Many, many thanks for all the birthday wishes, cards and gifts. Your generosity in all forms is beyond kind and very humbling — much more a reflection of your character than mine.
Also, it’s late notice, but tomorrow at 3:00 during (unfortunately) the CPC picnic, a memorial for Marge Hanon will be held at the church. Though in recent years she wasn’t out and about much, Marge had been our neighbor much of her life (the white house at the church entrance). You are welcome to join us.
Relative to the recent sermons on loving enemies, a friend wrote with questions about whether we should turn the other cheek in cases of battery, bullying, abuse and so on. It’s an important question and touches on what are infamously difficult nuances in the study of biblical ethics. I won’t do justice to it here, and I’m away on vacation for a couple weeks, but here are some thoughts. Two things to begin: on one hand, scripture does not envision pointless suffering (a battered wife, a bullied child, an abused worker); on the other, it proposes a degree of trust in God that leaves most of us very uncomfortable. [My last point/quote may be the most useful for most of us.]
On the notion of trust, think of Heb. 10:32ff — “Remember those earlier days after you had received the light, when you endured in a great conflict full of suffering. Sometimes you were publicly exposed to insult and persecution; at other times you stood side by side with those who were so treated. You suffered along with those in prison and joyfully accepted the confiscation of your property, because you knew that you yourselves had better and lasting possessions. So do not throw away your confidence; it will be richly rewarded. You need to persevere so that when you have done the will of God, you will receive what he has promised.”
There’s no avoiding that this is about enduring great injustice. Insult, persecution, confiscation of property. The events being described would have been similar to those endured by Jews in Germany in the late 1930s. What sustains believers — or what is supposed to sustain us and give us hope — is the vision of receiving “what he has promised.” Much of the NT commentary on suffering is about preparing us for the difficult, or excruciating, moment when it is required of us.
But notice the unspoken sub-text in most NT discussions of suffering is witness-bearing. This is not suffering for suffering’s sake, but suffering as an expression of faithfulness. So 1 Peter 2:21: “For to this you have been called, because Christ also suffered for you, leaving you an example, so that you might follow in his steps. He committed no sin, neither was deceit found in his mouth. When he was reviled, he did not revile in return; when he suffered, he did not threaten, but continued entrusting himself to him who judges justly.”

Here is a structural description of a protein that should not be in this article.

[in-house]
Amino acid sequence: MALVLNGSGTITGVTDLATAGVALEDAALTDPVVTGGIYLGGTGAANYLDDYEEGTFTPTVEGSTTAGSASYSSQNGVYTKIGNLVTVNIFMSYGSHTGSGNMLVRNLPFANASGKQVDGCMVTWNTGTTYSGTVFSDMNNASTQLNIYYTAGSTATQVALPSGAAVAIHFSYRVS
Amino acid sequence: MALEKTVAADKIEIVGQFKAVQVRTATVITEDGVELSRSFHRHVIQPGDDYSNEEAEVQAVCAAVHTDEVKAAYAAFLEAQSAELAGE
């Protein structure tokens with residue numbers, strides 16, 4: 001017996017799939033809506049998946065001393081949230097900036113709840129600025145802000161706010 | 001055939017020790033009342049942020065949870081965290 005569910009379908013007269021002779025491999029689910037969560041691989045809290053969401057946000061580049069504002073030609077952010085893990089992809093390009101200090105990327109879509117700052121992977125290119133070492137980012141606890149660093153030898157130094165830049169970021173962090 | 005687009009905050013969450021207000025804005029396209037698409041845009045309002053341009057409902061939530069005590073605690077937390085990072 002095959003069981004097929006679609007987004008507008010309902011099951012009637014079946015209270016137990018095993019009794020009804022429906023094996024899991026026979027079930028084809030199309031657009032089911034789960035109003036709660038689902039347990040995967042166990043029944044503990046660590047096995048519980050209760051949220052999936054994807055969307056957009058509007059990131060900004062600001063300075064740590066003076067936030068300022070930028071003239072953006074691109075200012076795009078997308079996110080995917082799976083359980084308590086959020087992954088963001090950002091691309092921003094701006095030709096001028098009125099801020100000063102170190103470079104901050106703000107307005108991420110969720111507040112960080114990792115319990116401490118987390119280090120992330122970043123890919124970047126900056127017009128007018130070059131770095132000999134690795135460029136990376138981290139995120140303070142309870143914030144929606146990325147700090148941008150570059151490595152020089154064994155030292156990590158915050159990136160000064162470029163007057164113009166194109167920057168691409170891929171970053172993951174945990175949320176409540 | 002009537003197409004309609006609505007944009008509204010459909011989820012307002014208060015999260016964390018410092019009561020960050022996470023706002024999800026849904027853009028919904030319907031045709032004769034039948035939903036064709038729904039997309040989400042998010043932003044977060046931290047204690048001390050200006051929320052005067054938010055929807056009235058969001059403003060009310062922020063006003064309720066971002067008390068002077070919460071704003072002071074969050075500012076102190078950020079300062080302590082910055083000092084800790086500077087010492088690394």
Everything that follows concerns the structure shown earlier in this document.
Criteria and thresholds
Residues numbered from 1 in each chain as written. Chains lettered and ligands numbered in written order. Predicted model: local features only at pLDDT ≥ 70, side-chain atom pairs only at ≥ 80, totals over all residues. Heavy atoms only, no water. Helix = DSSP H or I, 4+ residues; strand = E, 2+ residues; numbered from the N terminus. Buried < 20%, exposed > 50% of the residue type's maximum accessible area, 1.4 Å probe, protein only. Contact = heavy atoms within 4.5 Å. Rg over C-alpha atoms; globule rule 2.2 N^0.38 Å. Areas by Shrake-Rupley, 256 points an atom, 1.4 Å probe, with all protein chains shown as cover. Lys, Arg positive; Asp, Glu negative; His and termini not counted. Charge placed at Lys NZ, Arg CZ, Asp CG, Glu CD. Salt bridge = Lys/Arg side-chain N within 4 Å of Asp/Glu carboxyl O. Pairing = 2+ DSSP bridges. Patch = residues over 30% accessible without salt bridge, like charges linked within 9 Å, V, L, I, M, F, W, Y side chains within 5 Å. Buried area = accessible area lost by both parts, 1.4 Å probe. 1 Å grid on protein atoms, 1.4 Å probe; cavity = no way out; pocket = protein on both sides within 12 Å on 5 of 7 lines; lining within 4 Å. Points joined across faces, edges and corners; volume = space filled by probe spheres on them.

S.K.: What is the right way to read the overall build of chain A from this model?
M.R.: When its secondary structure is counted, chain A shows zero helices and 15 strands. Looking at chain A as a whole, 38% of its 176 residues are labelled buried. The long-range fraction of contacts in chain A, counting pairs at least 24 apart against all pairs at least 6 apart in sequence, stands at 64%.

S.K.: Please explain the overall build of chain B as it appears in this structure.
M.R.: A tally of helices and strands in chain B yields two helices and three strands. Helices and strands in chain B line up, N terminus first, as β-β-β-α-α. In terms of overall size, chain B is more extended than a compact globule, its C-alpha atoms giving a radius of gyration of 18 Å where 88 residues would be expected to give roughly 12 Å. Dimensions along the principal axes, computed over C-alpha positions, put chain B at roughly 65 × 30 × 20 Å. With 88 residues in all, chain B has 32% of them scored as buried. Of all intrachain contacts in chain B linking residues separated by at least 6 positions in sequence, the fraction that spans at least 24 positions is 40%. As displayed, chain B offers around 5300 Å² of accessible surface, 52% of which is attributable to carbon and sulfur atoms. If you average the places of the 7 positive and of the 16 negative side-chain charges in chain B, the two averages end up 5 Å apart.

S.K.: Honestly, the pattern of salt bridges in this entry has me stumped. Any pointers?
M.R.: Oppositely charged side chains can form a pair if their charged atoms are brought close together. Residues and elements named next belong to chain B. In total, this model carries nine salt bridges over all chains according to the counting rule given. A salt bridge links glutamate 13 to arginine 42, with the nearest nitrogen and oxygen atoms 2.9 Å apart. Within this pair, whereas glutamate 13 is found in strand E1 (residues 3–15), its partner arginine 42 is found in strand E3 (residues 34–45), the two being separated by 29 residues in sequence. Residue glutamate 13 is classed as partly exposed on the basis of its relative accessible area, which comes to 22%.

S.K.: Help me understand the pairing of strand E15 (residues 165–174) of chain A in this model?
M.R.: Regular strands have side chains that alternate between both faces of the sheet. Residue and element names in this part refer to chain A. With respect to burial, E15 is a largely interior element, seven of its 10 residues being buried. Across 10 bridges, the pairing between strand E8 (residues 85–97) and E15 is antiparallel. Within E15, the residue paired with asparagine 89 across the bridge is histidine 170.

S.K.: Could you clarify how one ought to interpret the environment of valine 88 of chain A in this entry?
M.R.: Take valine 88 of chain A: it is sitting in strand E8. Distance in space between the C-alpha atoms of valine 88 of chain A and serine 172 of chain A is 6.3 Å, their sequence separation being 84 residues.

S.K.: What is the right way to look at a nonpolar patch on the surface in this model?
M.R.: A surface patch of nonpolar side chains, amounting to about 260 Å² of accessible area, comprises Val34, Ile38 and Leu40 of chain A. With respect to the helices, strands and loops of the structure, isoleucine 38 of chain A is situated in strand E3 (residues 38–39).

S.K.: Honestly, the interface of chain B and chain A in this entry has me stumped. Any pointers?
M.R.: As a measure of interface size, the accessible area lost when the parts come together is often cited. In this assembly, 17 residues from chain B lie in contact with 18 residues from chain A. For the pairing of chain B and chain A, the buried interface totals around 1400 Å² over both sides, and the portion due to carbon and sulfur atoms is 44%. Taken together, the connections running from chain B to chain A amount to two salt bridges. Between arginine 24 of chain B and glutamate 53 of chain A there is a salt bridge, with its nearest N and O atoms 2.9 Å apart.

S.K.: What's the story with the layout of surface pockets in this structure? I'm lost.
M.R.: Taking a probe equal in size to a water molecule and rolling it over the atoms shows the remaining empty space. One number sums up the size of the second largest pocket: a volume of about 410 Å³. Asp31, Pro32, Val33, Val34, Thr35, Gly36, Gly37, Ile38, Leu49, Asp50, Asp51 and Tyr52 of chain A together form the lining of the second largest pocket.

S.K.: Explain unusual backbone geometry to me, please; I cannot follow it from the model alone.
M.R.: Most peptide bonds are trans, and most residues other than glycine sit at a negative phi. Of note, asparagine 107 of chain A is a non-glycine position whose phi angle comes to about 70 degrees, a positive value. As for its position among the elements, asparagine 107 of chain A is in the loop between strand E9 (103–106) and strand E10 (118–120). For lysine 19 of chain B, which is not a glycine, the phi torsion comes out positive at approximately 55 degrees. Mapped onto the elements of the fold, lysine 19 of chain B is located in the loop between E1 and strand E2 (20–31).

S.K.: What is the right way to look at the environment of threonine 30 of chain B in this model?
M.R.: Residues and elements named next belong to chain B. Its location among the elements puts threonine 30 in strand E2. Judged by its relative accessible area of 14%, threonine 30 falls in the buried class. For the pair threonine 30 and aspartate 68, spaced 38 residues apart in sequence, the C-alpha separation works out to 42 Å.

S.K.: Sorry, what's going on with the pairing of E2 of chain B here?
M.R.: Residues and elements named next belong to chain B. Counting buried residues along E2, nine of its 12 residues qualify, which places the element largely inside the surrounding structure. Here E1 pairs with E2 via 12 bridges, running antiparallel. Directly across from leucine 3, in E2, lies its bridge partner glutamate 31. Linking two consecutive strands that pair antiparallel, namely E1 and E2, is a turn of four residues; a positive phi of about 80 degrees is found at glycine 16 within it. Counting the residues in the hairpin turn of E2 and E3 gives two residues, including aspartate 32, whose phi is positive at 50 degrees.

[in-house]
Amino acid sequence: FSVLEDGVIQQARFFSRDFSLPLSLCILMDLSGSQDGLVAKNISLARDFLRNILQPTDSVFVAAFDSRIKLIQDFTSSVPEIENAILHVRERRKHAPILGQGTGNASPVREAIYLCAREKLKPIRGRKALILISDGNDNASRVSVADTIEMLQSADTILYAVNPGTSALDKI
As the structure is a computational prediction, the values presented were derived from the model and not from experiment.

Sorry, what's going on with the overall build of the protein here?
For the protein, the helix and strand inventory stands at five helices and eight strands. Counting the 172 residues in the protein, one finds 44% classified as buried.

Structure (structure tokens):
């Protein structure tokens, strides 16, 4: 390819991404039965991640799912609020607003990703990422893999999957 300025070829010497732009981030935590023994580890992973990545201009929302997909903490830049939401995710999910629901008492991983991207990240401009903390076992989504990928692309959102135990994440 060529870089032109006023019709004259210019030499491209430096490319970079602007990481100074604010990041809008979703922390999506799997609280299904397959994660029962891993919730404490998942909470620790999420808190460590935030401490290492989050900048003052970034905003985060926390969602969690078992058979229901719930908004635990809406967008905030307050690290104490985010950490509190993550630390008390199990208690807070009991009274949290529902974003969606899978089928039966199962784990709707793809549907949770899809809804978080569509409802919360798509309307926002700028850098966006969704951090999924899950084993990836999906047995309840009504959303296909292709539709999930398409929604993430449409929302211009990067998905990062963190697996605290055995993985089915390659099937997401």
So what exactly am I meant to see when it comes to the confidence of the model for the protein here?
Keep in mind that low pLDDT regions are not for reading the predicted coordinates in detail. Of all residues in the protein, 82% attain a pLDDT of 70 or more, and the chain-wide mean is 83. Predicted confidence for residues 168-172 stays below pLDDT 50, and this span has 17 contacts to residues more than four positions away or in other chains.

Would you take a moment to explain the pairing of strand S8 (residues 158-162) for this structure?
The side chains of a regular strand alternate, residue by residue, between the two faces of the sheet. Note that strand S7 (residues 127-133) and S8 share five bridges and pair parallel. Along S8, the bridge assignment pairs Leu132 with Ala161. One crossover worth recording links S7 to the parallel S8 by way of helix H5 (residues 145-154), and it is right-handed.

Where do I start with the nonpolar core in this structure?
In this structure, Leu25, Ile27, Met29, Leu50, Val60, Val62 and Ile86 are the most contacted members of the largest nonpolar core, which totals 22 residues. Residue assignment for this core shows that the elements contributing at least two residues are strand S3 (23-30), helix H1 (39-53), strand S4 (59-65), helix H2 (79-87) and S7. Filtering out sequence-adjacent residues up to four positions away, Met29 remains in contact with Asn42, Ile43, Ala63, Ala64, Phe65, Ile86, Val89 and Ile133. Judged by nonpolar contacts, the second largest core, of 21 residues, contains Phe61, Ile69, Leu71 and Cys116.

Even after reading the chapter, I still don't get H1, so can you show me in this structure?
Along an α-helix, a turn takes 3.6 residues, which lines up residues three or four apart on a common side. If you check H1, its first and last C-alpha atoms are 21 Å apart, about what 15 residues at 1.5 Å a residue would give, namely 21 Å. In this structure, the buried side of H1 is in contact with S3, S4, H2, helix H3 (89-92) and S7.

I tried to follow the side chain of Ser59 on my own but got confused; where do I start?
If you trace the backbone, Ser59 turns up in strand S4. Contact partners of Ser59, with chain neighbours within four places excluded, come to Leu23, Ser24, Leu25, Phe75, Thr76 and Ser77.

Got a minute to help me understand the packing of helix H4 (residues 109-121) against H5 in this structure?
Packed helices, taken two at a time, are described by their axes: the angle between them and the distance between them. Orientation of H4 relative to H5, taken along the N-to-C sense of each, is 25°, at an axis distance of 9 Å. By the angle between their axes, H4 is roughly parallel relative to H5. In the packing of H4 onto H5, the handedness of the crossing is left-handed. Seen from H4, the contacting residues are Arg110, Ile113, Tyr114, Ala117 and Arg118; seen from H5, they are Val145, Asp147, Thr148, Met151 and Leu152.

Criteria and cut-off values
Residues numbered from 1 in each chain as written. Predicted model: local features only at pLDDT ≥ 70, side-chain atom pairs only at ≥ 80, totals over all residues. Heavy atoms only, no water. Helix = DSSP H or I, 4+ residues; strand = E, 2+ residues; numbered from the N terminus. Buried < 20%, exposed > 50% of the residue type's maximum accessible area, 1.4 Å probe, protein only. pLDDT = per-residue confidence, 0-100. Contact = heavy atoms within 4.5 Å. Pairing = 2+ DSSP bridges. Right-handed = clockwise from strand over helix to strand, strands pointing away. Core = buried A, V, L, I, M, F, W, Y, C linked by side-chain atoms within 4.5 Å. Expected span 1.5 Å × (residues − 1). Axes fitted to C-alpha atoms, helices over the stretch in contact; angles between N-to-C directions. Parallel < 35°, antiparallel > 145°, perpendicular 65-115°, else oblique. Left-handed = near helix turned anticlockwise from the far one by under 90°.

I won’t go on, but suffering in Scripture almost always has this kind of purpose. When we are commanded to turn the other cheek, the purpose is witness-bearing or, say it another way, conducting ourselves in a way that outsiders would recognize as Christ-like. If this purpose cannot be said to exist in the daily verbal abuse you receive from your boss, then it may be time to get a new job. If the abuse is coming from your spouse the answer is more complicated, but you are not required to simply endure. There is no godly fruit or purpose in it. Seek wise counsel and, if necessary, refuge. In the Reformed tradition, in some cases, abuse may be understood as abandonment of the marriage covenant.
All that being true, the persecution and suffering likely to come to most of us will be more confusing. T.S. Eliot, speaking in the UK 70 years ago, said it this way:
Thus the profession of Christianity might become, if not exactly dangerous, at least disadvantageous; and it is sometimes harder to endure disadvantage than to face danger; harder to live meanly than to die as a martyr. Already, we say, we are a minority. We cannot impose our standards upon that majority when it explicitly rejects them; too often, mingling with that majority, we fail to observe them ourselves. Like every minority, we compound with necessity, learning to speak the language of the dominant culture because those whose language it is will not speak ours; and in speaking their language, we are always in danger of thinking their thoughts and behaving according to their code. In this perpetual compromise, we are seldom in a position to pass judgment on other Christians, in their peculiar individual temptations: it is hard enough, reviewing our own behavior, to be sure when we have done the right or the wrong thing. But we can and should be severe in our judgment of ourselves. For most of us the occasion of the great betrayal on the clear issue will never come: what I fear for myself is the constant, daily, lack of courage in lesser things.